Hoffman also encourages people to bring their own games to get some practice or learn new strategies. The store also hosts playing events such as Magic Commander on Sundays, Magic Standard on Mondays or Dungeons & Dragons on Thursdays. There’s an event each day of the week.
The Great Equalizer
Games provide an escape from politics, workplace drama and family stress, Hoffman says. It’s a good way to sit down with folks, look into their eyes and interact. No phones or computers or Internet are required, he says, and all ages can play together.
“Anybody who’s going to have a good time sits down and plays,” he says. “It’s an equalizer. Everybody’s on the same page.”
Lacey Etzkorn, a third-year graduate statistics student at Johns Hopkins University, happened upon the store on the way to the supermarket one day. She’s now a regular on Saturdays and also a member of a school board game club. Her first game purchase was Betrayal at House on the Hill, and she likes Clank, but she has no real favorite.
“I play whatever they show me,” she says. “I go along with it and learn new games. Then, I practice online so I can beat these guys.”
Josh Leiner found Canton Games online when he searched for a game group to join. The inventory coordinator for an architectural metals company, Leiner says he likes testing out new games at the store before ordering them, and admits he’s made friends through the groups.
His favorite game? War of the Ring.
Kevin Hansen says he comes for the camaraderie, the chance to work his brain and have fun. Among the oldest of the participants, he admits to playing most titles, from Scrabble, Sorry, Battleship and Fireball Island as a kid and board games on the mess decks while serving in the U.S. Navy.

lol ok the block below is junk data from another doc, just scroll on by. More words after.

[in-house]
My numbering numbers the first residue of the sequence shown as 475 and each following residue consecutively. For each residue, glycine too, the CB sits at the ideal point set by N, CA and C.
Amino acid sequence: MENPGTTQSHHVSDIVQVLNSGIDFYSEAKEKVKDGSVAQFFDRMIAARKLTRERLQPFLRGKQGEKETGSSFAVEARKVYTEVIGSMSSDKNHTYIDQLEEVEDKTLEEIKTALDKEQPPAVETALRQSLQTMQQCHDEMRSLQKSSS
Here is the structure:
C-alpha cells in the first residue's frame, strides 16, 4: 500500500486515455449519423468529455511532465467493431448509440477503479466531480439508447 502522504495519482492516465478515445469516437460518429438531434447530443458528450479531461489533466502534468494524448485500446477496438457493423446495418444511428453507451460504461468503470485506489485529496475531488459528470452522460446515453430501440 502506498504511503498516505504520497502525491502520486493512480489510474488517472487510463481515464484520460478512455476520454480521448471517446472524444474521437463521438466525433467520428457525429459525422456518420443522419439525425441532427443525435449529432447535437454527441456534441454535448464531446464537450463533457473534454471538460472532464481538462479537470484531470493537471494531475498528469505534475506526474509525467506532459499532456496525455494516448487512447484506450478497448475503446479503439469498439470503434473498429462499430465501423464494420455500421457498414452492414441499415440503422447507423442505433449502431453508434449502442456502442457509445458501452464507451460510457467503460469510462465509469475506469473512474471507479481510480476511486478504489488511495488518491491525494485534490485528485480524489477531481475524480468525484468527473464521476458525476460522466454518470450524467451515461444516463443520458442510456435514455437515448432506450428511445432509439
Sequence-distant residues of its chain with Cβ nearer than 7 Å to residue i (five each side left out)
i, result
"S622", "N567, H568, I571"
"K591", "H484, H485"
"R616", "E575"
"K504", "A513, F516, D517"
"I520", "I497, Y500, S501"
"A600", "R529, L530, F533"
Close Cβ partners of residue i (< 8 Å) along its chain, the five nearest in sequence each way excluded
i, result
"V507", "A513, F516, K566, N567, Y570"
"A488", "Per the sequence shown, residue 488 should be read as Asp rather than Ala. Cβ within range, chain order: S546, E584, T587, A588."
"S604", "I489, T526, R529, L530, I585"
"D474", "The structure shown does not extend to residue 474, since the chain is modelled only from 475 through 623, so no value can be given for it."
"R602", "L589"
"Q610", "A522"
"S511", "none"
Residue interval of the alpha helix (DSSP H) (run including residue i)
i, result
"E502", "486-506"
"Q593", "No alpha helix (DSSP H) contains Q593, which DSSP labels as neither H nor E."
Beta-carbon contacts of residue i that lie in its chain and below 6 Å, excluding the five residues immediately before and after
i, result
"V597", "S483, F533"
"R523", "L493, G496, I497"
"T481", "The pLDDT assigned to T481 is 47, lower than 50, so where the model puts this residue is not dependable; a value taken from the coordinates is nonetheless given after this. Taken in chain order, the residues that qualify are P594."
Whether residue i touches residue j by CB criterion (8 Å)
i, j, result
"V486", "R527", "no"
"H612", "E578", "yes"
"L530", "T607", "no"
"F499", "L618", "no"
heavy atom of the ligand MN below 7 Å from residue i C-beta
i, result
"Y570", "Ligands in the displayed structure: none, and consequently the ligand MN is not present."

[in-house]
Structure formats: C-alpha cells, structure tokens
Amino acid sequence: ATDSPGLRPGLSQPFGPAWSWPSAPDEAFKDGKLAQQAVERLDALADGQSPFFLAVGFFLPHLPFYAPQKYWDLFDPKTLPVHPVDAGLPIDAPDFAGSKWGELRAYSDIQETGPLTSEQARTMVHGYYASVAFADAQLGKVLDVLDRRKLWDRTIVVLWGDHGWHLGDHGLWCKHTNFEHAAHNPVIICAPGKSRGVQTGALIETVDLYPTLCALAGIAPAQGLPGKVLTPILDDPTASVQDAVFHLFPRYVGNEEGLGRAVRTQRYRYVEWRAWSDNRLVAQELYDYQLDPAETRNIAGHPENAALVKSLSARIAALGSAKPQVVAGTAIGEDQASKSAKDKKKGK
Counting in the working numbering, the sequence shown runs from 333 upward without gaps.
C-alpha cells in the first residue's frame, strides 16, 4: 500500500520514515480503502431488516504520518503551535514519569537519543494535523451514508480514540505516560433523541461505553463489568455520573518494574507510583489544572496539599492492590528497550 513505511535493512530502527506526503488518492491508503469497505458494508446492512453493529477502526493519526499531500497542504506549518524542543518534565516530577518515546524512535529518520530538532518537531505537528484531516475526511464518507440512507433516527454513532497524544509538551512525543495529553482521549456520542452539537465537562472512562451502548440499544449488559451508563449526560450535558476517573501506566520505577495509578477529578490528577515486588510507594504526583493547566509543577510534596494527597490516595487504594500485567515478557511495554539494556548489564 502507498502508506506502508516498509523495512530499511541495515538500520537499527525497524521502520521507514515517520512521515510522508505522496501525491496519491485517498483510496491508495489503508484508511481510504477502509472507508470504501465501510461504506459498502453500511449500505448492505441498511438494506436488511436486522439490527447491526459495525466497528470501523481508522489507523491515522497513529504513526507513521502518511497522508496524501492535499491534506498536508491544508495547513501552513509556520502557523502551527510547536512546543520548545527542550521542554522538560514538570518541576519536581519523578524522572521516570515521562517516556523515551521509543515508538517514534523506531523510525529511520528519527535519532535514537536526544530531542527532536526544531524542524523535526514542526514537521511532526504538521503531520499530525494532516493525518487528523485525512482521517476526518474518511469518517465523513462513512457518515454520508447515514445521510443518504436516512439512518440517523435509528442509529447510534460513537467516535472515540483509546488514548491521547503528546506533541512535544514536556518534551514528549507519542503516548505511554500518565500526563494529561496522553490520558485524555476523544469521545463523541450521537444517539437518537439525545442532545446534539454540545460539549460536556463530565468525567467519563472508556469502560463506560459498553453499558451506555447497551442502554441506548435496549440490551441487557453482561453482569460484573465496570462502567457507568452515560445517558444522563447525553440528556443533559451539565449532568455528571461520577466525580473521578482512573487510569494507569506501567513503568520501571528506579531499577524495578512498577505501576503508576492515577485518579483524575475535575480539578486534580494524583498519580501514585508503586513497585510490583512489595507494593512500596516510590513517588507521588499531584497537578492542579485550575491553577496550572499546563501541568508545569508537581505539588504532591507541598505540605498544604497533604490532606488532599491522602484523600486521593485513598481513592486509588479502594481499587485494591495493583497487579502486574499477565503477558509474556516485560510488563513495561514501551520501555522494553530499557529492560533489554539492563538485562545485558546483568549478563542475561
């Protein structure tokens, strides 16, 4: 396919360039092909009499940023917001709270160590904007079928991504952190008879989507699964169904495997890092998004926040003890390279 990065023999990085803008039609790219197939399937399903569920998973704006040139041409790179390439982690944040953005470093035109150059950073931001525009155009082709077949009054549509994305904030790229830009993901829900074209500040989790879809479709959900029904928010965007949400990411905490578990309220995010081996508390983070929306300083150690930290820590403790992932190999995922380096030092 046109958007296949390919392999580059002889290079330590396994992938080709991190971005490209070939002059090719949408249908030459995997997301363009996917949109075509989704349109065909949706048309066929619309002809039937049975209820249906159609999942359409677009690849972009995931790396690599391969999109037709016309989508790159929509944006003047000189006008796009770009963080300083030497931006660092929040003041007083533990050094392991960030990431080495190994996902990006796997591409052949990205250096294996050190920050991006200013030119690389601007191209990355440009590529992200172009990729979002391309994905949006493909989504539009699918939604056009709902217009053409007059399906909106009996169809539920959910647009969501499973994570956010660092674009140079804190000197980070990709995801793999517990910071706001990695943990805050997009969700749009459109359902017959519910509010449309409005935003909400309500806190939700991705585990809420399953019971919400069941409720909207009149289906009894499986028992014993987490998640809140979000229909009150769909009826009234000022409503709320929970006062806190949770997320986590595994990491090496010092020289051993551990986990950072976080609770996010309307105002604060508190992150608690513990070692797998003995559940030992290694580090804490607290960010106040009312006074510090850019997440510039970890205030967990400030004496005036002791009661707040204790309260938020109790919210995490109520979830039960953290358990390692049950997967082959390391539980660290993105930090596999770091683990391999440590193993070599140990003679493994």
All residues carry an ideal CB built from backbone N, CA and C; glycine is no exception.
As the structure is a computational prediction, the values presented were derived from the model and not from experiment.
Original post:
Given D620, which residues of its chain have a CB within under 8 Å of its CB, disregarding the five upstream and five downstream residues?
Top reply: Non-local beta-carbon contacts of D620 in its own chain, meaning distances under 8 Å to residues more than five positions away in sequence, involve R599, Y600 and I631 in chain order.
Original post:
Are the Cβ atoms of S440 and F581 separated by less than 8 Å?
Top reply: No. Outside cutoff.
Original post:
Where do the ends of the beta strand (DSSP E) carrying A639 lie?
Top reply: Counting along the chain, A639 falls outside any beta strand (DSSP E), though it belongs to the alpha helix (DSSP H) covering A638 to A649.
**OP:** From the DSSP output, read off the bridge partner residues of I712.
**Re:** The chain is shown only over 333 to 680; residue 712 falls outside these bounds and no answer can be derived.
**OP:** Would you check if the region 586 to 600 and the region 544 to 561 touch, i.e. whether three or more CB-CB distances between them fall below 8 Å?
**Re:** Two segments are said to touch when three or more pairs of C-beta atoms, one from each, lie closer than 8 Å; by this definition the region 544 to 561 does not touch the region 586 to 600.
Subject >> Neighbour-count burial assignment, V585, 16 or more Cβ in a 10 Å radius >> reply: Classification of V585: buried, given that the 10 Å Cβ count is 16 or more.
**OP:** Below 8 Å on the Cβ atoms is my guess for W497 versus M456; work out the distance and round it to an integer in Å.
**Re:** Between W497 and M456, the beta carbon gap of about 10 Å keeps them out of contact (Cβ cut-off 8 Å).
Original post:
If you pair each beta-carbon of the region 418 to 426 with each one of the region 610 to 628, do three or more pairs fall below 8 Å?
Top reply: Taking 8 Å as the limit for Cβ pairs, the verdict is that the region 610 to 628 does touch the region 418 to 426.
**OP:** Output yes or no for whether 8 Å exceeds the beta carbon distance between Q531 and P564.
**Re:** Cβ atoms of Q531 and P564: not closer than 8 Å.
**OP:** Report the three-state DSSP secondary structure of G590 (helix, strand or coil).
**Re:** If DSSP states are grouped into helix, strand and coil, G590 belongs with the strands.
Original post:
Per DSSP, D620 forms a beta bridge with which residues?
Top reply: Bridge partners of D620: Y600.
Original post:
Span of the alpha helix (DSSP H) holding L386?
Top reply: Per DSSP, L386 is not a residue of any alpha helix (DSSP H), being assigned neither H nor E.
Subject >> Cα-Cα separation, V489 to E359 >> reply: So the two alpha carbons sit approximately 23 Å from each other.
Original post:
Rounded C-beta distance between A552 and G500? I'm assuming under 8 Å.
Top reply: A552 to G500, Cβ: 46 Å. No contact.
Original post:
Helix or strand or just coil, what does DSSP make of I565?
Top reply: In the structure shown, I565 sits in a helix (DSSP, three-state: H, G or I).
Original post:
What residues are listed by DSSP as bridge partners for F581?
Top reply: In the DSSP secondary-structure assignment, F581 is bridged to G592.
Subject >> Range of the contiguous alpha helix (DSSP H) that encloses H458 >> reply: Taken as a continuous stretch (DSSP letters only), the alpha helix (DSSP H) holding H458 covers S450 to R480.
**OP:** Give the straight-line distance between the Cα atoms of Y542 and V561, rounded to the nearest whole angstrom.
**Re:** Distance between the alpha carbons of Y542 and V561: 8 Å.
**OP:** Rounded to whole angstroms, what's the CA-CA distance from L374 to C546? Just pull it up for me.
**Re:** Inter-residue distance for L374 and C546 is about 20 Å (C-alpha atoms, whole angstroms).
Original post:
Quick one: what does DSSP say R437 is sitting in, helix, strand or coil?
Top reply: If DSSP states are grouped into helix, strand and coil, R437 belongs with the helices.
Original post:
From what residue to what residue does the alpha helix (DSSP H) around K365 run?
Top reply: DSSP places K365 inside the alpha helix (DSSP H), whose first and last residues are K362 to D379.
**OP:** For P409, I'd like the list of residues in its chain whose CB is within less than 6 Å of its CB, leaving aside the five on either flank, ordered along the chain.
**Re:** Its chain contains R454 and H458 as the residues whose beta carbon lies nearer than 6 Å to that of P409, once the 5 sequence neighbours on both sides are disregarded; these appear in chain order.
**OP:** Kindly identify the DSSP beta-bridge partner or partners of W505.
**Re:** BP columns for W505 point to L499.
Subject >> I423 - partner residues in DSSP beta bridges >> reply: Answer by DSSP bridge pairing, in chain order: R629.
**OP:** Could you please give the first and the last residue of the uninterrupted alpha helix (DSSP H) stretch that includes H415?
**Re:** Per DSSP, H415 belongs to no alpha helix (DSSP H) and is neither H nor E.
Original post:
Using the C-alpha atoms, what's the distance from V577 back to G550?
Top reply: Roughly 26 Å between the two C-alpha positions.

“As long as people are having fun, it’s good for me,” says Hansen, who buys a new game every few months. “It’s always an escape that takes me away from stress.”
Many of the gamers, like Hoffman, flock to gaming conventions to participate in tournaments and see the new offerings.
“Gaming conventions are vacations for me,” says Keith Levy of the Games Club of Maryland. “It doesn’t even compare to a week at the beach, and it’s a quarter of the price.”
The Games Club of Maryland hosts Euroquest, an annual convention at the DoubleTree by Hilton Hotel Baltimore North in Pikesville that attracts up to 400 attendees over five days in November each year. Participants learn new games and play their favorites with guidance from experts.
The Games Club of Maryland has 35 “locations” in houses, churches, game stores, community centers, senior centers and bookstores in the Old Line State, Washington, D.C., Delaware, Pennsylvania and North Carolina, where people meet regularly to play games.
“Gaming is an amazing hobby for everyone,” says Levy, a Randallstown native who at one time had 1,000 games in his Reisterstown house. “Gaming creates unity, helps bring people together, puts everybody on a level playing field.”
It’s the one activity that an 80-year-old and an eight-year-old can do together, says Levy, who manages the Mind Games store in Columbia Mall.
“I prefer the face-to-face experience,” he says, in contrast to video and online games. “I like human contact and to share with people what I love to do.”
Linda L. Esterson is a Baltimore-based freelance writer.